Arachnids in their home and native land

Remember that poem about Little Miss Muffet and the spider that made her run away? The story seems to have some parallels to our own relationship with spiders here in Ontario, with the media sensationalizing news stories about the rise in black widow spiders found in table grapes imported from California.

Listening to the radio one day, I heard the announcer tell a story about a woman who found a black widow lurking in some produce in her fridge. The announcer then went on to say that because of these backpacking arachnids, there are now up to six strains of black widows living in Ontario when they were not native here previously. She failed to mention how these one and a half-inch, glossy black, red hourglass-bellied spiders are actually native to Ontario, so people really shouldn’t be all that surprised that they are stumbling across them.

The black widow is native to North America, and can be found in warmer climates including the northern United States and southern Canada. While they are the fourth-most venomous arachnid in the world and are 15 times more poisonous than a rattlesnake, people shouldn’t worry about getting bitten. Their bites are lethal only for children or those with compromised immune systems. Even then the fatality rate of the black widow is less than one per cent.

Sightings in Ontario are rare as these spiders prefer to live in more secluded areas, like under bushes and woodpiles. The black widow only bites when they feel threatened, and are generally very timid spiders that will avoid humans at all costs.

Cameron McGregor, a fourth year Concurrent Education student at Laurier Brantford, once worked for a company where he was required to catch the eight-legged terrors to be tested to find out if they are venomous. (Due to a confidentiality clause, McGregor was unable to name the company.) The company was worried that the imported black widows were breeding with local non-venomous spiders to create a kind of hybrid. If they were breeding, they would spread quickly. Most spiders lay anywhere between 50 to 100 eggs, which all hatch and go on their merry way to make even more spiders.

So why the sudden media attention to these timid little things? With reports of findings in Guelph, Newmarket and Mississauga, the media is jumping all over the incidents, making the spiders out to be deadly monsters. There are many misconceptions around how the black widow got to Canada and how they get into fruits, specifically bags of grapes that are brought into Ontario from California. Generally, it is very rare to find any kind of spider in your produce, but if you do, it is more than likely a black widow. These spiders are known for hanging around vineyards because they feed on the pests that damage the grapes and vines; vineyards provide the perfect spot for black widows to make their triangle-shaped nests.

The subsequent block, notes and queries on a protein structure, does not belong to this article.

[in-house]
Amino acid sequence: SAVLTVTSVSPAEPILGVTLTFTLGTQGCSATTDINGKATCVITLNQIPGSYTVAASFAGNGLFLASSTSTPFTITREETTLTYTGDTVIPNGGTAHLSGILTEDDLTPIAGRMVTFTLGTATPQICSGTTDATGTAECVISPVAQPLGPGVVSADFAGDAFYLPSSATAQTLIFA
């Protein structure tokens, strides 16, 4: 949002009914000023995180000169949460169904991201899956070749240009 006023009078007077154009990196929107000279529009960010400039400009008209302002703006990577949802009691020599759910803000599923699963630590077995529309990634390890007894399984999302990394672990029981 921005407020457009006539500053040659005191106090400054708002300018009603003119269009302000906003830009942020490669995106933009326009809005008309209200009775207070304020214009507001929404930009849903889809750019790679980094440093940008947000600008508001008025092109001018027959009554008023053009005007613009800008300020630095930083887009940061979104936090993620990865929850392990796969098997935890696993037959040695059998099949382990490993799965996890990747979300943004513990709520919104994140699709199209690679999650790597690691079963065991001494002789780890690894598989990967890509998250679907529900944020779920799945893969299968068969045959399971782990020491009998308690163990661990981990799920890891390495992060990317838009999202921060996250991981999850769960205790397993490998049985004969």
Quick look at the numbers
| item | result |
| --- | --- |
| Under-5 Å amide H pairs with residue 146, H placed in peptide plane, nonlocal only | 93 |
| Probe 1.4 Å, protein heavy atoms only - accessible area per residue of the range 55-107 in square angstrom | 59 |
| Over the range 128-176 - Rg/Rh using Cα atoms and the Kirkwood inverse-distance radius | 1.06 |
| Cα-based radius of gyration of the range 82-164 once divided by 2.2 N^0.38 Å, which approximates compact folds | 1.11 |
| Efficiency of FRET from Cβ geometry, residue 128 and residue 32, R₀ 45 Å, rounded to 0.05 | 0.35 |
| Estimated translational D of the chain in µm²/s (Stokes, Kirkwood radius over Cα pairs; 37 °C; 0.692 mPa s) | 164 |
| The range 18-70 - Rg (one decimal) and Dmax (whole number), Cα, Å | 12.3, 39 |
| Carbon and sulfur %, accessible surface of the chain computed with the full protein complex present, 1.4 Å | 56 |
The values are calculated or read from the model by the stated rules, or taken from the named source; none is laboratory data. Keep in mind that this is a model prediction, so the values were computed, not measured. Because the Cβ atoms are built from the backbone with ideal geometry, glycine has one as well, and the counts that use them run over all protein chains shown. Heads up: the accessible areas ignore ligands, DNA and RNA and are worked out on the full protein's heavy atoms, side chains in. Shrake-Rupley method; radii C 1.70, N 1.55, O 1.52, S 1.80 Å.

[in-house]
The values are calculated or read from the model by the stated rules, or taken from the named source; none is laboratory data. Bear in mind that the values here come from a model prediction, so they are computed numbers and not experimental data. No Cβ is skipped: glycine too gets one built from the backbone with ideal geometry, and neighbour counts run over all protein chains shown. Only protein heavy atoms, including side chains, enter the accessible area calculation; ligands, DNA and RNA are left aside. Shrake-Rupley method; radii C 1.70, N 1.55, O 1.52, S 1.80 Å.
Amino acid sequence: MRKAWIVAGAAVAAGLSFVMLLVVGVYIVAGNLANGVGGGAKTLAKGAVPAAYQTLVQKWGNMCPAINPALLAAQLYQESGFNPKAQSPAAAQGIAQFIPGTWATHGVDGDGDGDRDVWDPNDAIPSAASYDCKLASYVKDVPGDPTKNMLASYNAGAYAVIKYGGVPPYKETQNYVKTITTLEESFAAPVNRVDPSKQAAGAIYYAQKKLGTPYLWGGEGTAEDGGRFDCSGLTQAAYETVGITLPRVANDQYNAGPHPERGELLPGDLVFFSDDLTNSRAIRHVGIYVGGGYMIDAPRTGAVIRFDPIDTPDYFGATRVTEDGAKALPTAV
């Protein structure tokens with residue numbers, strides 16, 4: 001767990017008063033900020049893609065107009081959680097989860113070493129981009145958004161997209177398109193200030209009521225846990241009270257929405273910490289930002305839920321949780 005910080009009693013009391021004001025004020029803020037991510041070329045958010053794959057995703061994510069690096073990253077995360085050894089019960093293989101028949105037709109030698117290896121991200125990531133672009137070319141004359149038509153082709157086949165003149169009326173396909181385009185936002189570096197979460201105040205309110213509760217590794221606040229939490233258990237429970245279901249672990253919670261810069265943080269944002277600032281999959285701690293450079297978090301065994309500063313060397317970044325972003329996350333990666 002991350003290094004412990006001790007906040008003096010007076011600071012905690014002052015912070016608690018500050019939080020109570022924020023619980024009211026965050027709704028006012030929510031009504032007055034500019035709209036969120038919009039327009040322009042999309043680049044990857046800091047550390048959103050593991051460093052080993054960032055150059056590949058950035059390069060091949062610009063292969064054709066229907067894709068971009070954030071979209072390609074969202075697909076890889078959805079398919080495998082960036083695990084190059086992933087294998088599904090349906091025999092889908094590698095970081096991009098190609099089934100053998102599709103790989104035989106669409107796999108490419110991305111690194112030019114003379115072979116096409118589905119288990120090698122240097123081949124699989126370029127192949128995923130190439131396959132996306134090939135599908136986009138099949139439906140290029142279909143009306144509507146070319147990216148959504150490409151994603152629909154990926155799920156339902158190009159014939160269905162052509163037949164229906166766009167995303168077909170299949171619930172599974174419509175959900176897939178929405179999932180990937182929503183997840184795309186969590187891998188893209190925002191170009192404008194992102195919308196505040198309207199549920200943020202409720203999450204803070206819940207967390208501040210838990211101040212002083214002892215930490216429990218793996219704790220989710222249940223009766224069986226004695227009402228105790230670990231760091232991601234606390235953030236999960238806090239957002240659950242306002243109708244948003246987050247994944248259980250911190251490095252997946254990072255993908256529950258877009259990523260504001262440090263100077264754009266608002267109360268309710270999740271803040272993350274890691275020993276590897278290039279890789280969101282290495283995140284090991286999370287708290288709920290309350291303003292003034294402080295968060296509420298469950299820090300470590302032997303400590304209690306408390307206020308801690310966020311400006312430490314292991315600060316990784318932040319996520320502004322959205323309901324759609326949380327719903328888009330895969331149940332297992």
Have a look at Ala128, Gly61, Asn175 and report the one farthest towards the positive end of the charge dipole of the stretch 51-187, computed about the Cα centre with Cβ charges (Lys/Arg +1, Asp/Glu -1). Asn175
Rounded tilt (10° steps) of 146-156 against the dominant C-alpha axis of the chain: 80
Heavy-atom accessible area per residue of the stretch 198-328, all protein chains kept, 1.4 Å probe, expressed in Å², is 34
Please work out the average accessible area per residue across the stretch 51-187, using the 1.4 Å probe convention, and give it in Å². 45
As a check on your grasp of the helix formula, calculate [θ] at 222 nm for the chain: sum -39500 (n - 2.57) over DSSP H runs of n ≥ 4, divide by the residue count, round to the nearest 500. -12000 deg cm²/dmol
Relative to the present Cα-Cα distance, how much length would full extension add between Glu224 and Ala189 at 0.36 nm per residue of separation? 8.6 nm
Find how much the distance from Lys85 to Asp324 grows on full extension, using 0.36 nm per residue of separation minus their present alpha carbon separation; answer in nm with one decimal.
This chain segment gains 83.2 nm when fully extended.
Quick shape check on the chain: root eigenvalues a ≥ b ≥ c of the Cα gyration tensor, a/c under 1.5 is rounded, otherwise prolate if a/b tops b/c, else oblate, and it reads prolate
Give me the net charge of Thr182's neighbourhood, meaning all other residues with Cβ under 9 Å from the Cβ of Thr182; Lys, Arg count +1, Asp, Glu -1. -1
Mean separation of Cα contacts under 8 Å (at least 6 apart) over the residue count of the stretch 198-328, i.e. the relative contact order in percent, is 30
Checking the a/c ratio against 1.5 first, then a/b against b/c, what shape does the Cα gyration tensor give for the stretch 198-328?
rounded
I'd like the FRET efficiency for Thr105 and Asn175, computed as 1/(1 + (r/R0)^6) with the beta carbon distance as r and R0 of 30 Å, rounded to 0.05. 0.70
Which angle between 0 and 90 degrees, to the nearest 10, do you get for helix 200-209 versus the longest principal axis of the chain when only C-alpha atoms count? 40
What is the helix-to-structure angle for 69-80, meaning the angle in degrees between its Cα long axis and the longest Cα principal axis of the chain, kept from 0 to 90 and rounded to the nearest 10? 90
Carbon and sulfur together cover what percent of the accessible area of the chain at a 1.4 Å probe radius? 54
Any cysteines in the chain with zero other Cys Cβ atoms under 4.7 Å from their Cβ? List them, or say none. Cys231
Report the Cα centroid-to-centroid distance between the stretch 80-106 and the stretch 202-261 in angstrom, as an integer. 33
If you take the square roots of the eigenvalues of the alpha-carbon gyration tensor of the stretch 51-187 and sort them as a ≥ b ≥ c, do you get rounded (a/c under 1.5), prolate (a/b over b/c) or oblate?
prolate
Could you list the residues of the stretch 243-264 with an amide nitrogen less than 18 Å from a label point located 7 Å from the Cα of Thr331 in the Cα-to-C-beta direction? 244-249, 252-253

When the grapes are first harvested, farm hands do all they can, from rinsing the grapes off and shaking out the bunches, to make sure no spiders are roosting in the bushels. The preventative methods are, unsurprisingly, imperfect. If there are any spiders left hiding, they are immobilized when the grapes are sent to be chilled before and during the packaging and shipping process. From the time they leave the vineyard until they arrive to the consumer, grapes are kept cold, keeping the spider dormant. When the grapes are taken out of the fridge and left to warm up, the spiders wake up and scare unsuspecting consumers.

I asked a friend of mine, Matt Anderson, a third-year Journalism student who works in the produce section of a local grocery store, if he had ever come across any bugs while putting out produce.

“I haven’t. My manager found a big [spider] in the bananas,” he says.

With the risk there, I assumed it would be logical for the employees to receive training about what to do if they come across one of these little things. But, at least in Anderson’s case, that assumption is wrong, meaning they may be at risk of a bite as well.

“The extent of the so-called ‘training’ was [my manager] telling us how he trapped a huge spider in a pineapple container and then found out it was very poisonous,” Anderson explains.

“I felt like it was kind of dangerous that this sort of thing can happen and they didn’t bother training us about it.”

Spiders have been found in produce worldwide, from Canada and the U.S. to Britain. The sudden increase, with four sightings between September and October of 2010, may be related to the ban on pesticides used to ward off spiders. The ban was enacted in Ontario in 2010 and disallows the use of cosmetic pesticides. The government says exposure to the chemicals is unnecessary and can cause illnesses in small children and pets. The pesticides were used to ward off insects and weeds but may cause some forms of cancer. This means humans are the only way to fight off these arachnids. Some vineyards offer bounties to willing participants to go hunt these spiders and bring them back for a cash reward.

As it turns out, the spiders that McGregor had been hunting weren’t poisonous. There’s no need to worry that we will be infested with a whole new strain of black widow spiders, at least not venomous ones. To avoid an unfortunate run-in with these little beasts, the Canadian Food Inspection Agency suggests washing grapes in warm water before setting them in the fridge or on a table, as this will awaken any little critters. If you do find a black widow or any spider hiding in your produce, they say you should kill it by washing it down the sink or “squiwordsshing” it (my own term). The spiders do not harm the grapes or make them poisonous, so they are safe for eating.

But I didn’t hear any of this from the short radio report. Just as books can’t be judged by their cover, the spiders often squashed by them can’t be judged by their coverage.

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